Japanese Title: ワイルド７
Romaji: Wairudo 7
Release Date: December 21st, 2011 (Japan)
Running Time: 109 mins.
Director: Eiichiro Hasumi
Writer: Mikiya Mochizuki (Original Manga), Masaki Fukasawa (Screenplay),
Starring: Eita, Kippei Shiina, Yuika Motokariya, Kyoko Fukada, Ryuhei Maruyama, Tsuyoshi Abe, Takashi Ukaji, Kiichi Nakai, Kotaro Yoshida, Yusuke Hirayama, Minoru Matsumoto, Jun Kaname,
Wild 7 was one of the first in a series of major live-action movies produced and released by Warner Bros. Japan in what has turned into a trend of adapting a series of famous manga and anime into movies. The list includes Rurouni Kenshin (2012), Black Butler (2014), and Ninja Kids!!! (2011), and Berserk (2012). The formula is simple, take something with an in-built fanbase and brand recognition which has enough elements like action and romance to appeal to a mainstream audience, and make a film with a decent budget, handsome actors and actresses and a solid director. The results so far have been high quality entertainment and this film is no exception.
The story is simple. In the world of Wild 7, Japan is swamped by crime and terrorism and the National Police Agency is struggling to cope with the situation. In steps Inspector Masaru Kusanami (Nakai) who has the suggestion of creating a secret motorcycle unit known as the Wild 7, a group of convicts who are authorised to use extreme force when dealing with criminals who are too tough and too well connected for the police to handle.
Wild 7 consists of a murderers, thugs, conmen, pyromaniacs, and former Yakuza members. They are led by Dairoku Hiba (Eita), a laconic and cynical man who takes no prisoners. When battling a terror group, the guys find find themselves competing with a mysterious sniper named Yuki (Fukada) but a bigger enemy lurks in the shadows and has control of criminals and people in the very government who control Wild 7. Dairoku and his fellow outlaws must decide whether to fight for justice even when they become targets of the law or run…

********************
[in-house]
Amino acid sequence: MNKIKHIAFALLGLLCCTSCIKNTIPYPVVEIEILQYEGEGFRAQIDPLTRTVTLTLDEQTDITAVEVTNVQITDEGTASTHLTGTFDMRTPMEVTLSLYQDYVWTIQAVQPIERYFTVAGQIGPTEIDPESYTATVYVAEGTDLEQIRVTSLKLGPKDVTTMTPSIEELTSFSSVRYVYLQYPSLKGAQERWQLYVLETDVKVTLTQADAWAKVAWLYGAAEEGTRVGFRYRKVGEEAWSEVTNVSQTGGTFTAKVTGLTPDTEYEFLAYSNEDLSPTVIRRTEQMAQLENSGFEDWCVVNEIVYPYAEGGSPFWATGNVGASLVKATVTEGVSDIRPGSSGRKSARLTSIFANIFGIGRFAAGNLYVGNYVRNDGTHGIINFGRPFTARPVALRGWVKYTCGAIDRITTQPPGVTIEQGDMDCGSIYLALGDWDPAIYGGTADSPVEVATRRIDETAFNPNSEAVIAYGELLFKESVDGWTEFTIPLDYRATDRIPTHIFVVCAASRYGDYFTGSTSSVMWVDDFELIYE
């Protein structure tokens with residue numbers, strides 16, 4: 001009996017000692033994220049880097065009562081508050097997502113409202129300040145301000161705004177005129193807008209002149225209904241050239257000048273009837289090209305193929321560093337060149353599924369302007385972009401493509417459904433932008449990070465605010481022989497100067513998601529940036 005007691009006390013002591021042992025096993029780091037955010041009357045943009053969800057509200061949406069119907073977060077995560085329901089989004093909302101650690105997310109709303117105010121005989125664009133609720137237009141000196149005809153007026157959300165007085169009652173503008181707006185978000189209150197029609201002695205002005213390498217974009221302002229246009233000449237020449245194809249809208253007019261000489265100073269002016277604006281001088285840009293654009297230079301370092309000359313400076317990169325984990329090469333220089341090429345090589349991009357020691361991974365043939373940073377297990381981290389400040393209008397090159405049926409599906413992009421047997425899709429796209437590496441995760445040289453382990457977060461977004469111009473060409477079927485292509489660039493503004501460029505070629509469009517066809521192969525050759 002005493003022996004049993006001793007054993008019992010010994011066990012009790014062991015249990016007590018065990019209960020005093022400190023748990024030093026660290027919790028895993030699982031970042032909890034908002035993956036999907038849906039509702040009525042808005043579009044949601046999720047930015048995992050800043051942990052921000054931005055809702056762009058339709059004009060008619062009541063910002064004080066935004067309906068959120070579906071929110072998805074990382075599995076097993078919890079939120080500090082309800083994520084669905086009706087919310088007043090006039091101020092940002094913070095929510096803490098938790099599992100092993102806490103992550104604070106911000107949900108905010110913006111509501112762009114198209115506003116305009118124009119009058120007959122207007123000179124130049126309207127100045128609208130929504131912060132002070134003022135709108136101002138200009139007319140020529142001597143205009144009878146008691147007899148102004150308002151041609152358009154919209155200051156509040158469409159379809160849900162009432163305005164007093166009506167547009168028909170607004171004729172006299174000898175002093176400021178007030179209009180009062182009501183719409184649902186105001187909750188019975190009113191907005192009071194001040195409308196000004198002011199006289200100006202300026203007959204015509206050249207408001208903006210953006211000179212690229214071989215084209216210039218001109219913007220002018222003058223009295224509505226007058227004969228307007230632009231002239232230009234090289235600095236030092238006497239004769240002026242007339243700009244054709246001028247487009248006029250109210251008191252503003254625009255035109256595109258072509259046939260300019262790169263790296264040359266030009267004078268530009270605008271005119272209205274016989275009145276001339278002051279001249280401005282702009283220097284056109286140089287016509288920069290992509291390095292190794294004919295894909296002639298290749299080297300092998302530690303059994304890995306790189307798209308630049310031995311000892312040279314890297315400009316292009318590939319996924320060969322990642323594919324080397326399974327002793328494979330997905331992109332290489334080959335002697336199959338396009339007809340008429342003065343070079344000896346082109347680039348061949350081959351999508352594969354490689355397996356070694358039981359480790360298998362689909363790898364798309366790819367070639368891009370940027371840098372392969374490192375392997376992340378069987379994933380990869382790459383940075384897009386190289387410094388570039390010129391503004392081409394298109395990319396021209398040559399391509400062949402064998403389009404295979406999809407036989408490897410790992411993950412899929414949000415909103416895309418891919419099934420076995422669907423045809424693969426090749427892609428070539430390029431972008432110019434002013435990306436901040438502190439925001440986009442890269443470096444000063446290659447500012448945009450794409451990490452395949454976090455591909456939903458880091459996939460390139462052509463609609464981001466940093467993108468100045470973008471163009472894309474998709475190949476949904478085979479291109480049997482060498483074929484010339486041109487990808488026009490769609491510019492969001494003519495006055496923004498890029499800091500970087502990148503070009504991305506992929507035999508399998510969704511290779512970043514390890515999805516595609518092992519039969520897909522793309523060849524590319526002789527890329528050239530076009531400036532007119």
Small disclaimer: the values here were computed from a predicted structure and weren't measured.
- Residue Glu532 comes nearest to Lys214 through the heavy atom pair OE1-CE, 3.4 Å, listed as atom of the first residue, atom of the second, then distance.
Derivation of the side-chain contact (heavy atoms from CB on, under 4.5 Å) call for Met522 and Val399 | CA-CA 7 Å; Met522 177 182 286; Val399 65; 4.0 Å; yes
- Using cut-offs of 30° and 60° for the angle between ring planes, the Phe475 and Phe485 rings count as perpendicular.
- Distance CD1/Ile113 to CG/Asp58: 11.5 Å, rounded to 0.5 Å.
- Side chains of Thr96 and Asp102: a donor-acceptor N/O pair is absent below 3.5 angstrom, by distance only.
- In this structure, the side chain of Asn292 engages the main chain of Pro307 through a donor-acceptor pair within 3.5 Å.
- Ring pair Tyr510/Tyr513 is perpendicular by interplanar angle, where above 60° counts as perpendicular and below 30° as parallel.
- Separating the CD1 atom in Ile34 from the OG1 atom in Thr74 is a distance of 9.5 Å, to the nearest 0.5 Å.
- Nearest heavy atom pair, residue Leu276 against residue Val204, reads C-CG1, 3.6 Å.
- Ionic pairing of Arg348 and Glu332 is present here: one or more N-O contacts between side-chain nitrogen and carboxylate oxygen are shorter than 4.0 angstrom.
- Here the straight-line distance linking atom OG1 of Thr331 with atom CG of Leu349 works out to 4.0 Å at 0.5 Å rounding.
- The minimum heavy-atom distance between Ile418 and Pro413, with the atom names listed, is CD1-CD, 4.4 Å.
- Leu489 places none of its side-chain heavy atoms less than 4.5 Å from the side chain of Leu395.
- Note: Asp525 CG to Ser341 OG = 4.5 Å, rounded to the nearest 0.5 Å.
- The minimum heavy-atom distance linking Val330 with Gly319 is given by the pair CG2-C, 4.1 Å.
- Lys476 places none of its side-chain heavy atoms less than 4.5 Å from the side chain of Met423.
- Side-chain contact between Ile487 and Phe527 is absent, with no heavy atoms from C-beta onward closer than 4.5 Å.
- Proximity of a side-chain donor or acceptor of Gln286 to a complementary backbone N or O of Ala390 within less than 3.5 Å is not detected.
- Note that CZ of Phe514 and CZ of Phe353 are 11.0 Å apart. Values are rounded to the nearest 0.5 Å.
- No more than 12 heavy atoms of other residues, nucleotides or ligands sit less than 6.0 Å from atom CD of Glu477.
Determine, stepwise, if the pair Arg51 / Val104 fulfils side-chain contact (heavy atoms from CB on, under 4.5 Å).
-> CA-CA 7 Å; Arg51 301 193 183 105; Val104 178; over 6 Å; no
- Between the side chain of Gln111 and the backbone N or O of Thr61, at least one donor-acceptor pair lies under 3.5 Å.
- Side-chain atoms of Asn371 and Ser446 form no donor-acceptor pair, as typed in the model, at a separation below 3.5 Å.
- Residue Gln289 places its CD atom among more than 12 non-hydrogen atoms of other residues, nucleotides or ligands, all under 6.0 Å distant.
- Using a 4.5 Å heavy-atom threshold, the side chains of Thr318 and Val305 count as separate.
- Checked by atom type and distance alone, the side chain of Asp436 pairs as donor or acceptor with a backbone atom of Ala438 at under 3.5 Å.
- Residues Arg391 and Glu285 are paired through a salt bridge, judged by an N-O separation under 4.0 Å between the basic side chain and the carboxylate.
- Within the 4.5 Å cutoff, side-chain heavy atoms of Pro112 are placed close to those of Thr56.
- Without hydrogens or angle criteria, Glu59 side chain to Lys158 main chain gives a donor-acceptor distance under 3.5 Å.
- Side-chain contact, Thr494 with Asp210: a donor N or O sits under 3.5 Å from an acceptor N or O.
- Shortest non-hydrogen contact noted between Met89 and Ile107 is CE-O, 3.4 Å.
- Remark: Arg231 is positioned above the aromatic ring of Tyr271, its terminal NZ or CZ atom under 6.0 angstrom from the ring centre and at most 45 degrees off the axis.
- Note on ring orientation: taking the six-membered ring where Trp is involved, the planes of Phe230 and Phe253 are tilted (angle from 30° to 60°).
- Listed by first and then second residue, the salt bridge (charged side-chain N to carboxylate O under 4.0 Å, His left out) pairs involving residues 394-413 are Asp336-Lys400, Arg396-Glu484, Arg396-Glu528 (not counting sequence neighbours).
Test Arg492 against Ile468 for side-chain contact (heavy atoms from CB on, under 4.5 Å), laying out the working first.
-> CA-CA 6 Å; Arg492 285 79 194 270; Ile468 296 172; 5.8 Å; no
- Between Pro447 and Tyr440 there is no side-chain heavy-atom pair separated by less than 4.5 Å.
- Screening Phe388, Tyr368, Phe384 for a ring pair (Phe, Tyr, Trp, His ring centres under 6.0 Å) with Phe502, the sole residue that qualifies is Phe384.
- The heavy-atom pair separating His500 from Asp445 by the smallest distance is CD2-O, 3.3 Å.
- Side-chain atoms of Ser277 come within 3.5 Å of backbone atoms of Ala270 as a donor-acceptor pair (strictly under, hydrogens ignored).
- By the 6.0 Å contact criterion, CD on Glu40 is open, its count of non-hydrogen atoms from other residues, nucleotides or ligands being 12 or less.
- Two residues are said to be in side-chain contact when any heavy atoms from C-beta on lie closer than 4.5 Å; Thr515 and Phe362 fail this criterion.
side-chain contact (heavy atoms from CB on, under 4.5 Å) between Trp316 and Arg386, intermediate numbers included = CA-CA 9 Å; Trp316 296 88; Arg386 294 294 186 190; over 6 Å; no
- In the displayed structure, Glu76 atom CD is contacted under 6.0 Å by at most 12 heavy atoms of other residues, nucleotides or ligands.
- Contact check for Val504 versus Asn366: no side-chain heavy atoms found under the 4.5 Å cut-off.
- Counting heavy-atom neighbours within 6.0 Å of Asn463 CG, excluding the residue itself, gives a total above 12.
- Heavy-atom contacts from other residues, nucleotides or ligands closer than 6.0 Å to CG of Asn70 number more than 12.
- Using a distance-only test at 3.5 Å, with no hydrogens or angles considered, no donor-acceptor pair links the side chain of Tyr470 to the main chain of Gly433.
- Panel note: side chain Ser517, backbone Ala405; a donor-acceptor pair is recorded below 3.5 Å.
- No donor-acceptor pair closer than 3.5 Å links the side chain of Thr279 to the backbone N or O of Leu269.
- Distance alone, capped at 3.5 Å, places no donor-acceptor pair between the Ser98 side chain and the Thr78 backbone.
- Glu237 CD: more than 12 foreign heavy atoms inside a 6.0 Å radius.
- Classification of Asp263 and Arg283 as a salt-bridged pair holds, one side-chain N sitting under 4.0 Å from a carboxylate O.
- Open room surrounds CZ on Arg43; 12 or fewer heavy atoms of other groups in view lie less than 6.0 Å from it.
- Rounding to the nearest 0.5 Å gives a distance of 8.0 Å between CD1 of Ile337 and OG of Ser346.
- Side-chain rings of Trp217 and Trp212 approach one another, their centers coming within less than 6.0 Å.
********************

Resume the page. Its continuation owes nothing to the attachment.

Wild 7 is based on Mikiya Mochizuki’s manga series which ran in Weekly Shonen King for ten years (1969 – 1979). It was born at a time of student demonstrations and massive civil unrest and social change during the post-war era when Japan’s economy went into over-drive and it has the air of a right wing fantasy as justice is delivered at the end of a gun and with no questions asked.
The new film updates things for a modern age with examples of government corruption, cyber-terrorism and references to the Tokyo sarin gas attacks back in the 90’s. Also appealing to modern viewers will be the latest in a group of young, good-looking actors/idols to fill the roles.
The scriptwriter has turned in a work that, storywise, works well eough but can only be described as functional. Masaki Fukasawa takes time to establish the narrative set-up for the Wild 7 unit by creating a series of banks heists and terror strikes but falls into using too many moments of unnatural and awkward exposition to describe people and situations which breaks the scene. There really are no surprises in the story and the plot turns out to be conventional. It seems that the scriptwriter feels that the drama is secondary to the action scenes which, thankfully, are a better introduction for the anti-heroes and their precarious place in society as disposable government owned hitmen operating outside of the law with extreme violence.